Tuesday, May 22, 2007


The blue jays came to build a nest in the blue spruce near the glass door where I smoke. Besides smoke, I also talk to myself and even jump or shout occasionally. The househusband who lives down the hill with his wife and daughter has not complained. Once, during the day, I yelled, "Get me outta here!" like a smoking Jane Fonda. I was recalling being in a hospital in Houston, where of course, I did not shout or yell. Holler is a southern word fer it.

Slowly, but surely, the female and the two male bluejays had built the nest. It is the best evergreen in the yard. The males were positioning toward the spruce in the front yard -- white, I think, but the woman bluejay chose the blue one. I kept smoking and slamming the glass door as usual. Soon, she was nesting in her little basket. She was soft and endearing. The two males came near occasionally, even once stood guard.

The cat was at my feet. I have tried to talk with him, but he is no Franny, who could respond to ordinary verbal remarks. The new cat, Wally, is a teenager. He killed a finch last week. We are eager for the birds -- whose numbers have diminished recently, the newspaper says due to swine flu [West Nile Virus]; I don't like to think about "flu" too much, so would rather just cheer on birds to replenish. That we had a nest was a great boon to my spirits. Blue jays eat the eggs of other birds, so my mother was acting uninterested in hearing of the nest nor did she seem worried that Wally might kill the mother jay, which thought drove me to distraction. One day, after watching her for days, she did not return to the nest. After many hours had passed, I went inside the branches of the tree to see whether eggs were in it. None was there. I inquisitioned Wally, who remained silent. He acted like a turd and went under that tree for a nap. Alas, I suppose he ate her. I hate him, but I reflect that at the same age, all my wunderbar cat Fran did was snap the heads off lizards in the yard in Houston.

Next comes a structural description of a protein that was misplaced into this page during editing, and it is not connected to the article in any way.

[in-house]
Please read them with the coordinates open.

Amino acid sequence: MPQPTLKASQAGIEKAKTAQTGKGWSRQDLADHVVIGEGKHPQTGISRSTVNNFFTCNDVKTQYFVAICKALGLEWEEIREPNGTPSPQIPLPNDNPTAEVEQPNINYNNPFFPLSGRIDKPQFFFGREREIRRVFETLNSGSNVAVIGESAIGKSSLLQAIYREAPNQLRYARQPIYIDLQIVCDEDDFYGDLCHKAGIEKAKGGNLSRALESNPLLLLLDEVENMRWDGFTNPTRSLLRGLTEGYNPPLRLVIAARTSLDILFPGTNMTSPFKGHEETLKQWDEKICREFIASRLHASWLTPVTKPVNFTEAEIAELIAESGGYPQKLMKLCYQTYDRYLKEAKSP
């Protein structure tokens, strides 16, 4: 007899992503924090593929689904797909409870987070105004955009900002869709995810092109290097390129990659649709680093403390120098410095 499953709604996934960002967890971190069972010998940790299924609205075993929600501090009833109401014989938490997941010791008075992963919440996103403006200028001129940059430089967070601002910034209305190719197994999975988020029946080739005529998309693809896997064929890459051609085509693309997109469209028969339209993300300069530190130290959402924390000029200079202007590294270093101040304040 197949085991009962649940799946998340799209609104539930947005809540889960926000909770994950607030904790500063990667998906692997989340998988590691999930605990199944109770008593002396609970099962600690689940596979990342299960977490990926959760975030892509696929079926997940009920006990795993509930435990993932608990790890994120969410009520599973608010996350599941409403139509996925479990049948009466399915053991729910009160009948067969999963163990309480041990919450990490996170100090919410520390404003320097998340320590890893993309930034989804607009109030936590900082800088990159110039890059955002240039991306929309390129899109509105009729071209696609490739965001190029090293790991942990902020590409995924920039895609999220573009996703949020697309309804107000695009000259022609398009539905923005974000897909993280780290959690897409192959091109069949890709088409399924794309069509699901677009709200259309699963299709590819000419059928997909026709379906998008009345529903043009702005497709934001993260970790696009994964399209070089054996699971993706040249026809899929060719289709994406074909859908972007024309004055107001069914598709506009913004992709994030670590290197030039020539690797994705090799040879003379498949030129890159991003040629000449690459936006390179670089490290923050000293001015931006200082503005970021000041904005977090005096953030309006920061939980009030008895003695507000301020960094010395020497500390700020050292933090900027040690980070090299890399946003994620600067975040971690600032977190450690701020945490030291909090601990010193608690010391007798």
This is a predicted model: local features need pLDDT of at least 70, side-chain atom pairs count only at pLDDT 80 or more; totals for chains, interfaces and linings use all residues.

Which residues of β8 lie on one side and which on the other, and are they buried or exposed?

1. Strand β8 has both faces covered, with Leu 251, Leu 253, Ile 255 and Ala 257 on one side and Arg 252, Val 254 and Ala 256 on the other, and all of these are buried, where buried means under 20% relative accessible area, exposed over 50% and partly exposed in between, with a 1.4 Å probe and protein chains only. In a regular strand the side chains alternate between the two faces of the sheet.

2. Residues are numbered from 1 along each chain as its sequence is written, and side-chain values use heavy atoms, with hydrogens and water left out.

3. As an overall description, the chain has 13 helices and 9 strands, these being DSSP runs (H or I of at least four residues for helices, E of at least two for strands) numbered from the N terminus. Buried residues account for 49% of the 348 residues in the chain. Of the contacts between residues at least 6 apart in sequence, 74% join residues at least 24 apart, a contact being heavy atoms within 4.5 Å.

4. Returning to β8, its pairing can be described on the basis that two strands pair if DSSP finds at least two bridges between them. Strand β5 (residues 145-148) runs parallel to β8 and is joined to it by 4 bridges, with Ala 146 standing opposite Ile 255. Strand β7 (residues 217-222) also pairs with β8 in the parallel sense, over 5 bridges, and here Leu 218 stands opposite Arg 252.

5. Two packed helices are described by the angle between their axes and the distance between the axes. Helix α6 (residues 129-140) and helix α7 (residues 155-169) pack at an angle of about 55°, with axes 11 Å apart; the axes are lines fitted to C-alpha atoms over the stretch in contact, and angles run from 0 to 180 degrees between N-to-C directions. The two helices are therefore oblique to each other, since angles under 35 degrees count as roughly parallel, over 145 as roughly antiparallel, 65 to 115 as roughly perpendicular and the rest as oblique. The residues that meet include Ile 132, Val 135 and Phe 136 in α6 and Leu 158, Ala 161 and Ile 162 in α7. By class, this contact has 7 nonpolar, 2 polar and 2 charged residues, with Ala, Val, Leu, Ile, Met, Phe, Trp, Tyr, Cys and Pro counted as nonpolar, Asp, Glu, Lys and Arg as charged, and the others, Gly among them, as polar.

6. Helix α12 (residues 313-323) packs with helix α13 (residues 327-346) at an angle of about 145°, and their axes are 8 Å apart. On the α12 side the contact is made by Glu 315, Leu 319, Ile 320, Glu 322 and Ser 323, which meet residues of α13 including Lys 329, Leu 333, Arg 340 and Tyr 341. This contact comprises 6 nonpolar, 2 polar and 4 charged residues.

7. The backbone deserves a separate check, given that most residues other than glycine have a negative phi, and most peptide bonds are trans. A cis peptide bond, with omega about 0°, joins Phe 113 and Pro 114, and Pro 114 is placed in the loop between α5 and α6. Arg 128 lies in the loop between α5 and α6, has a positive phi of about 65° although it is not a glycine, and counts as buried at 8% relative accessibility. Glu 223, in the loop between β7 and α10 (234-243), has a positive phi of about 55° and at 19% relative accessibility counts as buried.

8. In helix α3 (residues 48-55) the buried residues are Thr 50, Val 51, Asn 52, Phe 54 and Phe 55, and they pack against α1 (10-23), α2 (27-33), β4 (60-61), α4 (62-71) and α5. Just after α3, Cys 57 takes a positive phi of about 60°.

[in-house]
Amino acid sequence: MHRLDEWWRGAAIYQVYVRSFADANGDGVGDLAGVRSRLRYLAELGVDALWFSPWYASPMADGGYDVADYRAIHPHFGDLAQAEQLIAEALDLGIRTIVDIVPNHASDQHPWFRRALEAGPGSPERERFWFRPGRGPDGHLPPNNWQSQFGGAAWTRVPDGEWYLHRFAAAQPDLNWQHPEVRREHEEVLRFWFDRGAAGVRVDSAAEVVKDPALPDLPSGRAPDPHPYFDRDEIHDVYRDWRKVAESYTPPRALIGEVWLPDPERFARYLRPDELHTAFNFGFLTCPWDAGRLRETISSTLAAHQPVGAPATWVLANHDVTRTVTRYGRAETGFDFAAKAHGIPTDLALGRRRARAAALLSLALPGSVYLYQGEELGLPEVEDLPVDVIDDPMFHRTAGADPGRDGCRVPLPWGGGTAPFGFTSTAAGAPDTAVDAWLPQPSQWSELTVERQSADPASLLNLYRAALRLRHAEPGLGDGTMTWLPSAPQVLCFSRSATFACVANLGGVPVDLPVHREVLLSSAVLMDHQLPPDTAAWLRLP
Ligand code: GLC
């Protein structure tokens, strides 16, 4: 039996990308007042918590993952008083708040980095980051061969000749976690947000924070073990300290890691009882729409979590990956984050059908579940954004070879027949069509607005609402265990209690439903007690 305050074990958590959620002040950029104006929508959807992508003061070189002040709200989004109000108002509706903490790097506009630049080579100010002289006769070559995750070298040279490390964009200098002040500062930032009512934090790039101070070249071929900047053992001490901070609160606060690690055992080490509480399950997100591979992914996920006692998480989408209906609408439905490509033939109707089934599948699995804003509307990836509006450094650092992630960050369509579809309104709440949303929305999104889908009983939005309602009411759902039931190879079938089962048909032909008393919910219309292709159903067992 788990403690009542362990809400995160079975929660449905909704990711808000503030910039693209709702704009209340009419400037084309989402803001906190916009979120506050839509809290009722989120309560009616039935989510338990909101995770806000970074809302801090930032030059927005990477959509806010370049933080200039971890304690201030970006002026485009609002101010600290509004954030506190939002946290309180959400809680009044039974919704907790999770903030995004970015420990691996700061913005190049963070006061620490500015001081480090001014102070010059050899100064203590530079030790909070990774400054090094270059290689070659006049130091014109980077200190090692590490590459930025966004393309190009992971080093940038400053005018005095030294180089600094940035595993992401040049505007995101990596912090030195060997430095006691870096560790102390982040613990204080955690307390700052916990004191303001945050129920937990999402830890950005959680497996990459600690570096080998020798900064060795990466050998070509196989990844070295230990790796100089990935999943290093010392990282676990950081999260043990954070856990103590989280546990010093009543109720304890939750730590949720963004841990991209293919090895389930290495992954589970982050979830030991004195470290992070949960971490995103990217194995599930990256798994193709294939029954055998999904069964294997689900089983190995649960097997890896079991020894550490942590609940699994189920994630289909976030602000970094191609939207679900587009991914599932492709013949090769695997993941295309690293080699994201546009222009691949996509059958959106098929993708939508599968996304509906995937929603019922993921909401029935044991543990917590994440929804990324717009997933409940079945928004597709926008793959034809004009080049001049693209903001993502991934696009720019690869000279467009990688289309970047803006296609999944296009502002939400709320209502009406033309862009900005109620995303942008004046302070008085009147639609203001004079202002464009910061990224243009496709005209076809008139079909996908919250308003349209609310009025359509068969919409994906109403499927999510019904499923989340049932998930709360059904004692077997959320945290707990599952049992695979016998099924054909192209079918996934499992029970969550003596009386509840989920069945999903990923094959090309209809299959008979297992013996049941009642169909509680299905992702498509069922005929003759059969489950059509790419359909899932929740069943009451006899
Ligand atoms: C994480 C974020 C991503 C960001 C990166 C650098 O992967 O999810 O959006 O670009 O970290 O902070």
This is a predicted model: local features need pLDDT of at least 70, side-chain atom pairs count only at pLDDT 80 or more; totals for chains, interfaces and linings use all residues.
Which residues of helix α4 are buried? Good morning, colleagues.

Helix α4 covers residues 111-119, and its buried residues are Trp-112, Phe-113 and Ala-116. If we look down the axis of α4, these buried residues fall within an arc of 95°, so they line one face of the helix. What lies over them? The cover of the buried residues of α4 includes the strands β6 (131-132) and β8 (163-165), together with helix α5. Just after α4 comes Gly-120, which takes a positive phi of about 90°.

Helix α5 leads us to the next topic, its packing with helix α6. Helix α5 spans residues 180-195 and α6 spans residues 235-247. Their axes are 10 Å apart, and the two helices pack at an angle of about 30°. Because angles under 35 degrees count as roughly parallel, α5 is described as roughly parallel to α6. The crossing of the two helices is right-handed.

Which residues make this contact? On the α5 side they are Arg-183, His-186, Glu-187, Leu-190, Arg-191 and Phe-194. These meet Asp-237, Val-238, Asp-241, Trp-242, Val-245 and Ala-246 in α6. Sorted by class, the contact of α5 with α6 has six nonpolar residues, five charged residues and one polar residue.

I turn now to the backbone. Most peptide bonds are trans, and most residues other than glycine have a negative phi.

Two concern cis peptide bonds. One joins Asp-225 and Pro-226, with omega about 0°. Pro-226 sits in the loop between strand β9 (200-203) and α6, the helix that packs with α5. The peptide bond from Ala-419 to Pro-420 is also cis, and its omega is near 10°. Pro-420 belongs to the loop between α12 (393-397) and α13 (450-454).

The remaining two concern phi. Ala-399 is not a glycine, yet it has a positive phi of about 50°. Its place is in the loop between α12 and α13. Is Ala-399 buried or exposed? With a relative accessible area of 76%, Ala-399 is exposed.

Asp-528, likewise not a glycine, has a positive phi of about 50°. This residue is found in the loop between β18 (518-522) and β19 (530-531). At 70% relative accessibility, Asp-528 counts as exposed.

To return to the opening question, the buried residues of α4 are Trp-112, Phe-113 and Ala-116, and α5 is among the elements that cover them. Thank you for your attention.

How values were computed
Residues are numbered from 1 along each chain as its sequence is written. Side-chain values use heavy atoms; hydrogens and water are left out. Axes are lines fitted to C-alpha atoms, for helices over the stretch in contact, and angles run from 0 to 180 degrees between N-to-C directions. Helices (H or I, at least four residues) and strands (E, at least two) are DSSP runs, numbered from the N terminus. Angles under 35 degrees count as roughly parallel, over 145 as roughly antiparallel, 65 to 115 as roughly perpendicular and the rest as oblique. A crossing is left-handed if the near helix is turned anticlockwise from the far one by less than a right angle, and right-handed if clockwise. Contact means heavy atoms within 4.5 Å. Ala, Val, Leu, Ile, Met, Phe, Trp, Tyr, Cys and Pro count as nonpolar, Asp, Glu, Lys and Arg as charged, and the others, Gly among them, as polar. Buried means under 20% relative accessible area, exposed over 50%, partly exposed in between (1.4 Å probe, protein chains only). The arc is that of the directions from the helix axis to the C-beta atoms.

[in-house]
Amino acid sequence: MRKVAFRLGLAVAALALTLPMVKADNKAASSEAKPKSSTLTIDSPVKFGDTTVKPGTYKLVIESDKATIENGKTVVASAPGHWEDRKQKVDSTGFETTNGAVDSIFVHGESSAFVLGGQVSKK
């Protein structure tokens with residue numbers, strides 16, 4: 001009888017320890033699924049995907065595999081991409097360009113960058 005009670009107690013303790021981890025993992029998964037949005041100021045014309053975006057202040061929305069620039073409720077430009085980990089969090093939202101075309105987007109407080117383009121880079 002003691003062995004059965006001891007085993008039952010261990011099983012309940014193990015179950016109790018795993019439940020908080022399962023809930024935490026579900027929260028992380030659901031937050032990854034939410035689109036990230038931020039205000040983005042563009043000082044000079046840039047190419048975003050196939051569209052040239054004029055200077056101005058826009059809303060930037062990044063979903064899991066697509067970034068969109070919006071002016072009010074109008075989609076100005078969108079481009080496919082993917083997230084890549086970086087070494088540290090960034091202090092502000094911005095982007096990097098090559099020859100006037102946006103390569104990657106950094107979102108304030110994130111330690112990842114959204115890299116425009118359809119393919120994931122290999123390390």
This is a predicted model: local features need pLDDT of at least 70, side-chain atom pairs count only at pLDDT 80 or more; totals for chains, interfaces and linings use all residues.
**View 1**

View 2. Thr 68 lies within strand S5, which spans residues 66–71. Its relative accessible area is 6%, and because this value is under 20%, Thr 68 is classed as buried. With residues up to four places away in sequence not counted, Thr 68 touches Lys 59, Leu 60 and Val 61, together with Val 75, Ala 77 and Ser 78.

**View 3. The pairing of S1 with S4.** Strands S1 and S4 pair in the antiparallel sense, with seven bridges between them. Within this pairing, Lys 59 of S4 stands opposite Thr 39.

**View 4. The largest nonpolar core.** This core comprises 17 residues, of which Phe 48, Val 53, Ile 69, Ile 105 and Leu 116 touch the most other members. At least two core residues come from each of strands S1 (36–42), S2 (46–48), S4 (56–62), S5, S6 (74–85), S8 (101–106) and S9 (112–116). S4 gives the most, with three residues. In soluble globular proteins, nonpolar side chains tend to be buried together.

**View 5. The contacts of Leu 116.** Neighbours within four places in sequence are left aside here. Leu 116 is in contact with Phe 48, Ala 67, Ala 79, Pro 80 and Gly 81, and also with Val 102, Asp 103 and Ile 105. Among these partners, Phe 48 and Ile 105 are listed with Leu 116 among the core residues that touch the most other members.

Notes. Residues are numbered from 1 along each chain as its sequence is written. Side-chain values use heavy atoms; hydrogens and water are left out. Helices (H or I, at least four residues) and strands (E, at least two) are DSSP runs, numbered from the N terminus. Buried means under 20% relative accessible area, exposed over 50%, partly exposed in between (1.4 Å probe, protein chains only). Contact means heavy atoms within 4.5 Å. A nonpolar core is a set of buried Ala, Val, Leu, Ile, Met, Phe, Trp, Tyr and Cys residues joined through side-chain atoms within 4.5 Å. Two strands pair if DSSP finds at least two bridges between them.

The male jays have returned to the nest to peck it a bit. They shouldn't have left the woman so alone. They should have guarded her. They act confused. She built most of the nest for their little group. They are probably wondering how to transport it, how to take it with them. They or she wove a plant marker they had pilfered from my mother's gardens into the nest, label side out. It says, "$24.99. Dwarf Korean lilac."

1 comment:

Christa M. Forster said...

Satisfaction! Thank you.